September 21, 2011
The Dream That Was Cairo
President Barack Obama first arrived in Cairo to a reception equal to (and possibly greater than) the American jubilation that swept him into office. Despite the warnings signs that all might be as advertised (Afghanistan “the good war,” unilateral action into Pakistan, Israeli boosting), Muslims in general were ecstatic to be rid of George Bush and his shadows. The euphoria inevitably spawned a backlash amongst those fearing a switch of the mask.
Obama admitted that “change cannot happen overnight” and acknowledged the publicity of his arrival in Egypt, but cautioned, “no single speech can eradicate years of mistrust, nor can I answer in the time that I have this afternoon all the complex questions that brought us to this point.” Nevertheless, he found himself on stage at Cairo University precisely to stem the tide of mutual distrust.
“I've come here to Cairo to seek a new beginning between the United States and Muslims around the world,” he told a cheering audience, “one based on mutual interest and mutual respect, and one based upon the truth that America and Islam are not exclusive and need not be in competition. Instead, they overlap, and share common principles - principles of justice and progress; tolerance and the dignity of all human beings.”
Unfortunately Obama has yet to deliver on his global promises, and his administration’s foreign policy suggests that a major realignment is unlikely. While the administration has attempted to reach out through economic initiatives and social media, the core problems in U.S. foreign policy remain unchanged and feed back into a negative media cycle. It would be too easy to draw a distinct line between Cairo 2009 and Obama’s latest speech to the UN General Assembly; he would undersell Afghanistan, oversell Iraq and tilt towards the Israelis in Cairo. A key difference isn’t rhetorical but circumstantial.
After promising false hope in 2009, his administration is now covering up the trail in 2011.
Opening with a Utopian vision, Obama muses on the vast cause-and-effect of history, the ceaseless nature of war and the hardship of peace. His opening could have created a welcoming stage to reject the Palestinians’ bid for statehood, if only he was speaking truthfully. Seemingly taking credit for supporting every revolution in the Arab Spring, Obama also emphasizes progress in Iraq and Afghanistan with the flip of a few sentences. Amid the token warning signs that “peace is hard,” the President spoke as though all was well in his foreign policy.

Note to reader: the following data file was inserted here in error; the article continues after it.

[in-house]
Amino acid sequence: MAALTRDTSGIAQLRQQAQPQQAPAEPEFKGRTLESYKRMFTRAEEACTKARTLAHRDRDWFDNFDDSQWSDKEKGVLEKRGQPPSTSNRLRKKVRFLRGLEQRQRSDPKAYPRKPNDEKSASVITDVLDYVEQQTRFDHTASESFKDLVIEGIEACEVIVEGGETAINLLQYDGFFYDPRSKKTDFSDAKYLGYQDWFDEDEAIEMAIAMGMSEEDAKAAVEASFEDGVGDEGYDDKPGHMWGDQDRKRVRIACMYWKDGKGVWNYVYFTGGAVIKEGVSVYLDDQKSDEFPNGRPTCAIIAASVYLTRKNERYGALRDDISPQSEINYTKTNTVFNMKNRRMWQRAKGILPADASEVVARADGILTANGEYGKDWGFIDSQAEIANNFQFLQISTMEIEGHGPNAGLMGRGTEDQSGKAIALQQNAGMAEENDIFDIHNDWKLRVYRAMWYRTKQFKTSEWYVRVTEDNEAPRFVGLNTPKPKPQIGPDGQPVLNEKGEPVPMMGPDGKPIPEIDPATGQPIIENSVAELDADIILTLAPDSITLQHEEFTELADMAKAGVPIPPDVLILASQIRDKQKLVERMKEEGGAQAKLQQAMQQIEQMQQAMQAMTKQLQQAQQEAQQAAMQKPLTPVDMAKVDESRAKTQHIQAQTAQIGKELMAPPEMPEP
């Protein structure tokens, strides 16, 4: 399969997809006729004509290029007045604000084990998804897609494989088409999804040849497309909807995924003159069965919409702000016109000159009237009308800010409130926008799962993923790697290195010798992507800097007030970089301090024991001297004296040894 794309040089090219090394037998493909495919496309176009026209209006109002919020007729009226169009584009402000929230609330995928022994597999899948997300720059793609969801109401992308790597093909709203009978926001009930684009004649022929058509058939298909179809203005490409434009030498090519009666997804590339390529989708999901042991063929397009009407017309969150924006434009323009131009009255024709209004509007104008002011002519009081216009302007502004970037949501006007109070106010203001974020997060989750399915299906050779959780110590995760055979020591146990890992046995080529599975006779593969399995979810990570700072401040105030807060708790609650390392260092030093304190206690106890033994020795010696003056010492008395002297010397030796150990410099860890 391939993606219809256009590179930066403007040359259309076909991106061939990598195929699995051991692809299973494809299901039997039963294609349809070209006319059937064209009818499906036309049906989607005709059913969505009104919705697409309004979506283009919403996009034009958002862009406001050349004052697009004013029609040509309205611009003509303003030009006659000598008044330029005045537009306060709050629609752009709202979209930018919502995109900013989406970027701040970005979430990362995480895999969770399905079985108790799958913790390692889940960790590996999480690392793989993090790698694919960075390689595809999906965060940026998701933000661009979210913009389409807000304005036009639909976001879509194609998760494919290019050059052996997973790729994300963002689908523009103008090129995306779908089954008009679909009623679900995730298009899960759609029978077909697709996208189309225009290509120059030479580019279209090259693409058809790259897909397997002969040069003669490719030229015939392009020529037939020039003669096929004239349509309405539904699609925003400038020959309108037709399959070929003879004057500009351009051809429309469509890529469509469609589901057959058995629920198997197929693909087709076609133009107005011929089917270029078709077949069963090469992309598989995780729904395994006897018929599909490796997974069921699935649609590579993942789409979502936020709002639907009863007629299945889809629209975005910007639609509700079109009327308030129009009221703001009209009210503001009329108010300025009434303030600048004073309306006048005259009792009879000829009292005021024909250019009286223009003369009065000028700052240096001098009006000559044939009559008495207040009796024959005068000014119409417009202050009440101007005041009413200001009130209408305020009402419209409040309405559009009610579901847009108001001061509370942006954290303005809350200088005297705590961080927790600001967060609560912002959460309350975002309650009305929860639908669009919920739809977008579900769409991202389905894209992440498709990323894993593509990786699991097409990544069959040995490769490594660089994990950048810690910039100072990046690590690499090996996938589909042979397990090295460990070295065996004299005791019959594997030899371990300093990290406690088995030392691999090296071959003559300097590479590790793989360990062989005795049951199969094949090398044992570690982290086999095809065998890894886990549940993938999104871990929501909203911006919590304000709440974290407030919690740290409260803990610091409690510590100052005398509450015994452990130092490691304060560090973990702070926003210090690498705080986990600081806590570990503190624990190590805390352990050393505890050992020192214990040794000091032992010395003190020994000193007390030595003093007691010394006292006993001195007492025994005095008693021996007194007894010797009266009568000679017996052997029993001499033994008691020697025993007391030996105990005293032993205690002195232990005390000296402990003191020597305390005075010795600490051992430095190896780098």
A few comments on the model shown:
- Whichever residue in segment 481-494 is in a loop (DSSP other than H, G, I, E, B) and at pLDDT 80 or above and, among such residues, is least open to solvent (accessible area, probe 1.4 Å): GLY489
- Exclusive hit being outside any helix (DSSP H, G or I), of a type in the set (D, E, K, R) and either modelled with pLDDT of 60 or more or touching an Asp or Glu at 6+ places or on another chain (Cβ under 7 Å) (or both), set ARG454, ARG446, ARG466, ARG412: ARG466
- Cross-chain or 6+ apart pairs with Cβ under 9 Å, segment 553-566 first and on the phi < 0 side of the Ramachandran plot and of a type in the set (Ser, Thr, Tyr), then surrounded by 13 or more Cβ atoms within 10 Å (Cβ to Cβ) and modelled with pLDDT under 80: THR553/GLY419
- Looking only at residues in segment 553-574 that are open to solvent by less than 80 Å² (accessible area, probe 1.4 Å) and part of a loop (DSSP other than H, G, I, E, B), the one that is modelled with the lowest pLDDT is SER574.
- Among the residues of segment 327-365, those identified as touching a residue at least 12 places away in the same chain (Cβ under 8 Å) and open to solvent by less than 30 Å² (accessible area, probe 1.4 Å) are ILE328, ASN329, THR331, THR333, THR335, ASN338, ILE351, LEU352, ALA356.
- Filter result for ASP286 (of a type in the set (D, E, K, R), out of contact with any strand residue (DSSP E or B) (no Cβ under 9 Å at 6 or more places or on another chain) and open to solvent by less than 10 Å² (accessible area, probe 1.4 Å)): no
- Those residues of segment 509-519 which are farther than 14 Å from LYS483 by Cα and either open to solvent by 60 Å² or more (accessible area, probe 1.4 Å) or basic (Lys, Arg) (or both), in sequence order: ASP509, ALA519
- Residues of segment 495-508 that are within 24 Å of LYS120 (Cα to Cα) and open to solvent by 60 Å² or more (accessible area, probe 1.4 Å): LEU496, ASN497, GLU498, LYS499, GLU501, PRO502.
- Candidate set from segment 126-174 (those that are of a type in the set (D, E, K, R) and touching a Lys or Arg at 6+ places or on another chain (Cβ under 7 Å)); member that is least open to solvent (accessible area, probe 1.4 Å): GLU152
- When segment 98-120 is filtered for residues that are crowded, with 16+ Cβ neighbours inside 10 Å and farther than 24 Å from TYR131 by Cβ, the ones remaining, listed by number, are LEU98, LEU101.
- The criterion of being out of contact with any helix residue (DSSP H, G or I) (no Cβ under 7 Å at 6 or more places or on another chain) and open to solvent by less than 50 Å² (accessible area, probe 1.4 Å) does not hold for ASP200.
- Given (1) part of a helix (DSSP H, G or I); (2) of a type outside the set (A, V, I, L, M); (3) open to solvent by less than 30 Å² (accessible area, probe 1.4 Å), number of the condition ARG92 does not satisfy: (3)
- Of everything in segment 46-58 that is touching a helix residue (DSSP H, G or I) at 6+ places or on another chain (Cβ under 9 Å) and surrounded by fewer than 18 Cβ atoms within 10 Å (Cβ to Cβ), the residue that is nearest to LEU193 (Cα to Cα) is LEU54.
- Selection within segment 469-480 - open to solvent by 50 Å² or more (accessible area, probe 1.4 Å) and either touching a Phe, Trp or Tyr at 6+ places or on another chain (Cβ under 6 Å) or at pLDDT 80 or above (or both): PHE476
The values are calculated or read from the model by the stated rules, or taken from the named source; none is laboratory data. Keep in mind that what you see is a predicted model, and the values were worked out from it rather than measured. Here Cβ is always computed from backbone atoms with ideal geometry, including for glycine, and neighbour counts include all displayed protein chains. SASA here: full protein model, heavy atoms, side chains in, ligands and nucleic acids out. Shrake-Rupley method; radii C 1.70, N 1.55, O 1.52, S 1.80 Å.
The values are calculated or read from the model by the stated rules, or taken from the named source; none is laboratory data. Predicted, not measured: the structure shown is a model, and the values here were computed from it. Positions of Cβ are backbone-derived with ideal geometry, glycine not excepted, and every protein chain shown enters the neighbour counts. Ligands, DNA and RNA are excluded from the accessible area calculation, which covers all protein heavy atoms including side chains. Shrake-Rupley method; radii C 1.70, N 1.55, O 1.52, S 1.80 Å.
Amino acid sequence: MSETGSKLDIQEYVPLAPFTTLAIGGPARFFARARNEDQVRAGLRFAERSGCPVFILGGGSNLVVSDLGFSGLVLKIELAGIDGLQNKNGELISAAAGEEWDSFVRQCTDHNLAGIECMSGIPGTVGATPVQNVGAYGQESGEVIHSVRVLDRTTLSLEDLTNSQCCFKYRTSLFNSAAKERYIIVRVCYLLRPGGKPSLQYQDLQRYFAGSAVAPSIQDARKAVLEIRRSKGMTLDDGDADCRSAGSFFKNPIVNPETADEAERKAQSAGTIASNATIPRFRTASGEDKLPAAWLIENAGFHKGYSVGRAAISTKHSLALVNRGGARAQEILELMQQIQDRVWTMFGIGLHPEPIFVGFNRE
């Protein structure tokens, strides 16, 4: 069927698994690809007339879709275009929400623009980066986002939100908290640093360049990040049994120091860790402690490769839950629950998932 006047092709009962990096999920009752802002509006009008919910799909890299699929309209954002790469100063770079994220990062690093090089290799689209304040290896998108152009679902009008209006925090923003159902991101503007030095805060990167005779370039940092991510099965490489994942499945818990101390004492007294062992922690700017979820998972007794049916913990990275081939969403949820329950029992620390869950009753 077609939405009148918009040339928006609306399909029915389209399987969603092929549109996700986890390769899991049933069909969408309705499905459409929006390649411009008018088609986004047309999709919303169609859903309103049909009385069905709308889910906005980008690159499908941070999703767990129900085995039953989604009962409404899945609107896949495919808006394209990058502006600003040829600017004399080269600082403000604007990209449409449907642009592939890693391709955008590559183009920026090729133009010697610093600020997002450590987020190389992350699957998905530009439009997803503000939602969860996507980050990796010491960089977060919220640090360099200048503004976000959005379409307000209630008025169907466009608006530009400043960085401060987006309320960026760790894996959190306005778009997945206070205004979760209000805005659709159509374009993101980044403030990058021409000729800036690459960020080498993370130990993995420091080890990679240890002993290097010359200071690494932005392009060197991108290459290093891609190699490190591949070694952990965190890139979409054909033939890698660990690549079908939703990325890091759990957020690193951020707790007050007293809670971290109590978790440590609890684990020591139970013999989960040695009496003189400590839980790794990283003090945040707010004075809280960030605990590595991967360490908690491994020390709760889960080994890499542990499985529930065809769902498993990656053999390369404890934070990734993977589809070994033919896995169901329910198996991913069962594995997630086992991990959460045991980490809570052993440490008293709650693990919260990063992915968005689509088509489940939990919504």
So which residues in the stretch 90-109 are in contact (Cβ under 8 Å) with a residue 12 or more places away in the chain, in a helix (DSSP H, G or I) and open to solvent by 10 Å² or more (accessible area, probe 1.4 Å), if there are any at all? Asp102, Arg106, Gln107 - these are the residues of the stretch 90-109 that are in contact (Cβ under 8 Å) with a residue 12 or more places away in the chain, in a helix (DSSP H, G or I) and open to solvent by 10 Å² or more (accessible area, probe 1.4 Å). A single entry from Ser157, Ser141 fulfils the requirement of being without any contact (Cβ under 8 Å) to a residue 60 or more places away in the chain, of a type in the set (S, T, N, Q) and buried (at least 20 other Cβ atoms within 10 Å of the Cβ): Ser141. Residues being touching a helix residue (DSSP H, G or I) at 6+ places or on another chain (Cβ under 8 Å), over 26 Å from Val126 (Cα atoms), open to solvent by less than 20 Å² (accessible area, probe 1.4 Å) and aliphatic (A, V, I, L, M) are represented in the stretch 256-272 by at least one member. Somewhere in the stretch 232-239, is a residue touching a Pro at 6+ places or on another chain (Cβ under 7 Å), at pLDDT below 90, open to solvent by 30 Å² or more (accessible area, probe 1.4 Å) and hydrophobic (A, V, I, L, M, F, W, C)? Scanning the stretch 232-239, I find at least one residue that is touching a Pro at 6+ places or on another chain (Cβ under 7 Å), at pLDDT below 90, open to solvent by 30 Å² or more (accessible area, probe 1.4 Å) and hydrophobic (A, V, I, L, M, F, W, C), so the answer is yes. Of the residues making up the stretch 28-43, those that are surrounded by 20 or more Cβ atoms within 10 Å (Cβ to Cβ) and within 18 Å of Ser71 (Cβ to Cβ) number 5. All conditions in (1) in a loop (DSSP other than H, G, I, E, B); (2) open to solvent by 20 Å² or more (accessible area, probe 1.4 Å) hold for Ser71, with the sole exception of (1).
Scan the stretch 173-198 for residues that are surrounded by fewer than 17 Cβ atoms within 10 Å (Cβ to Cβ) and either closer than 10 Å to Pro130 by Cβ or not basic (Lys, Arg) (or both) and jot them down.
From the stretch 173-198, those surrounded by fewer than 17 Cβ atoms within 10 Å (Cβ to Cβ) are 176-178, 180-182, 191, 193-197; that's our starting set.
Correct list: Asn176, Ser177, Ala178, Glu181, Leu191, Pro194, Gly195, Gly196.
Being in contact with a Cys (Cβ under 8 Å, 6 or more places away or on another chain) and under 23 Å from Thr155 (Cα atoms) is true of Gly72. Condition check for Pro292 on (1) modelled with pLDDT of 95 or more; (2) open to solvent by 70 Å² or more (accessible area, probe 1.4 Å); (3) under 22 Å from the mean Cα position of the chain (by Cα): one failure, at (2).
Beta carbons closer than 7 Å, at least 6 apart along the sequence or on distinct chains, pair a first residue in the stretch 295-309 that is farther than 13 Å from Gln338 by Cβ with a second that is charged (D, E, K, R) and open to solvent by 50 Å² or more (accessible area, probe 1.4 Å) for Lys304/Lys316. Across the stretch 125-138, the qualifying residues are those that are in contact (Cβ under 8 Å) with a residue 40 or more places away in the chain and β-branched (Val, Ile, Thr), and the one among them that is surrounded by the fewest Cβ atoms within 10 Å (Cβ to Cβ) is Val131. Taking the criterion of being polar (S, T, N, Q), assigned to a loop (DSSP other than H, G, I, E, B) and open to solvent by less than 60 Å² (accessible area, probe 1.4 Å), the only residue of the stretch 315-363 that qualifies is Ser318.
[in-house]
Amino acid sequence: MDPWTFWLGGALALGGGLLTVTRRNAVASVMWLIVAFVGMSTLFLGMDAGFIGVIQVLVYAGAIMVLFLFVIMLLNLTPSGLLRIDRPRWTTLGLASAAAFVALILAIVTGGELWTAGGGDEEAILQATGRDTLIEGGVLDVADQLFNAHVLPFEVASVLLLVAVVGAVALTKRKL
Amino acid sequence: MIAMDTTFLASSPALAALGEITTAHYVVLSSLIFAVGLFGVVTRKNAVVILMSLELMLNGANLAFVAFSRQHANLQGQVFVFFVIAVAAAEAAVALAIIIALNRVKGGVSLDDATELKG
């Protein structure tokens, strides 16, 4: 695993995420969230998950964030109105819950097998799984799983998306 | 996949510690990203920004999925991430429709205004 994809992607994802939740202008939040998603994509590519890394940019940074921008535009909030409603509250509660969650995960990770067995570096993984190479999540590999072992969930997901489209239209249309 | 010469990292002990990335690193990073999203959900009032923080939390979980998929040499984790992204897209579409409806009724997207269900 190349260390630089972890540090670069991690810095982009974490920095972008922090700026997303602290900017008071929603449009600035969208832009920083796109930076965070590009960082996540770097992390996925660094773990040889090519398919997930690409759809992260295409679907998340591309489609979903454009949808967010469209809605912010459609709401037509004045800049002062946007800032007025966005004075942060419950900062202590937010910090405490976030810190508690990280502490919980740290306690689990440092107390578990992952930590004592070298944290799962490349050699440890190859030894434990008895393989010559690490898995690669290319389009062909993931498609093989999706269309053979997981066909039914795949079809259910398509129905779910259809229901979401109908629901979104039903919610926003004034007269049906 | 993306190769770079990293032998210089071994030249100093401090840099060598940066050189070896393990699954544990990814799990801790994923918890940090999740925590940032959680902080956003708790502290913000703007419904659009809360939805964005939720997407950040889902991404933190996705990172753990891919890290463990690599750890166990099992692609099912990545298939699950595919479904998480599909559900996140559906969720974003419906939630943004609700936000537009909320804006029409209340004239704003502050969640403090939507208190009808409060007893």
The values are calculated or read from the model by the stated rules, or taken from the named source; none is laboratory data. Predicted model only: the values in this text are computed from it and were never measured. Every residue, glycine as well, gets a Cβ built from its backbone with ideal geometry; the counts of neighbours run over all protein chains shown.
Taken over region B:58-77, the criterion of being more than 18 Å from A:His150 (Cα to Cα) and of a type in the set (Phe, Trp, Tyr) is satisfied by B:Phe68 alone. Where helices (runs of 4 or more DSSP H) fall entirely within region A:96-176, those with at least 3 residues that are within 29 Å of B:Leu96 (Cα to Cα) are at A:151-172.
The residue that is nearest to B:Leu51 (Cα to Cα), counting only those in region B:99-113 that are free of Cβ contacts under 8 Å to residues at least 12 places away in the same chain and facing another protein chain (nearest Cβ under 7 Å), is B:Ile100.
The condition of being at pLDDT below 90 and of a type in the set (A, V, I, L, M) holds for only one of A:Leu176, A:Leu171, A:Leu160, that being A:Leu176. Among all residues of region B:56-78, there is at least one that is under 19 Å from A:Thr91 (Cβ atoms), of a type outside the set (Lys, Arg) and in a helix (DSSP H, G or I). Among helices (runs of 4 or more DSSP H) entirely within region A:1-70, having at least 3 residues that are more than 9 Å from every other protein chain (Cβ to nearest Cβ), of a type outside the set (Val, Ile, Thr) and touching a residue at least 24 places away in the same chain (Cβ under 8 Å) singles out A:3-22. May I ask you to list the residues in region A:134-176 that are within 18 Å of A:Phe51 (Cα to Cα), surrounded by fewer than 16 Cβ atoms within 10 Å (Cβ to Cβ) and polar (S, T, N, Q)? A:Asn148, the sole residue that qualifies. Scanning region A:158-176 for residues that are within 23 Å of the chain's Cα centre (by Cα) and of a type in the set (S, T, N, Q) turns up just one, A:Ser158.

“I took office at a time of two wars for the United States. Moreover, the violent extremists who drew us into war in the first place - Osama bin Laden, and his al Qaeda organization - remained at large. Today, we've set a new direction. At the end of this year, America’s military operation in Iraq will be over. We will have a normal relationship with a sovereign nation that is a member of the community of nations. That equal partnership will be strengthened by our support for Iraq - for its government and for its security forces, for its people and for their aspirations.”
“So let there be no doubt,” Obama declared. “The tide of war is receding. When I took office, roughly 180,000 Americans were serving in Iraq and Afghanistan. By the end of this year, that number will be cut in half, and it will continue to decline... Moreover, we are poised to end these wars from a position of strength.”
Some of these claims are surviving on technicalities. As of this moment Baghdad hasn’t issued a formal delay of the U.S. withdrawal, but Washington will approve a residual force as soon as politically possible. Few Iraqis believe the U.S. will leave their country as a sovereign nation. Meanwhile U.S. troops are slowly beginning to redeploy from Afghanistan - months after his July deadline - and the war won’t be copying Iraq’s drop in violence any time soon, instead emulating Iraq’s chronic instability at a higher intensity.
That al-Qaeda’s core leadership in Pakistan and Afghanistan has suffered a major blow is evident in the numbers and names. What’s frightening other parts of the world is a new tide of war creeping into their counties. As Obama implores the world to choose peace over war, his administration has leaked a variety of reports on the CIA’s drone grid over Africa and the Indian Ocean. This new counter-terrorism policy isn’t based on sound counterinsurgency - limit troop levels and connect with the local population - but on America’s weakening military and economic position. If the switch to “CT” was genuinely concerned with eliminating terrorism and supporting democratic aspirations, U.S. policy in Yemen would be the opposite of its current state.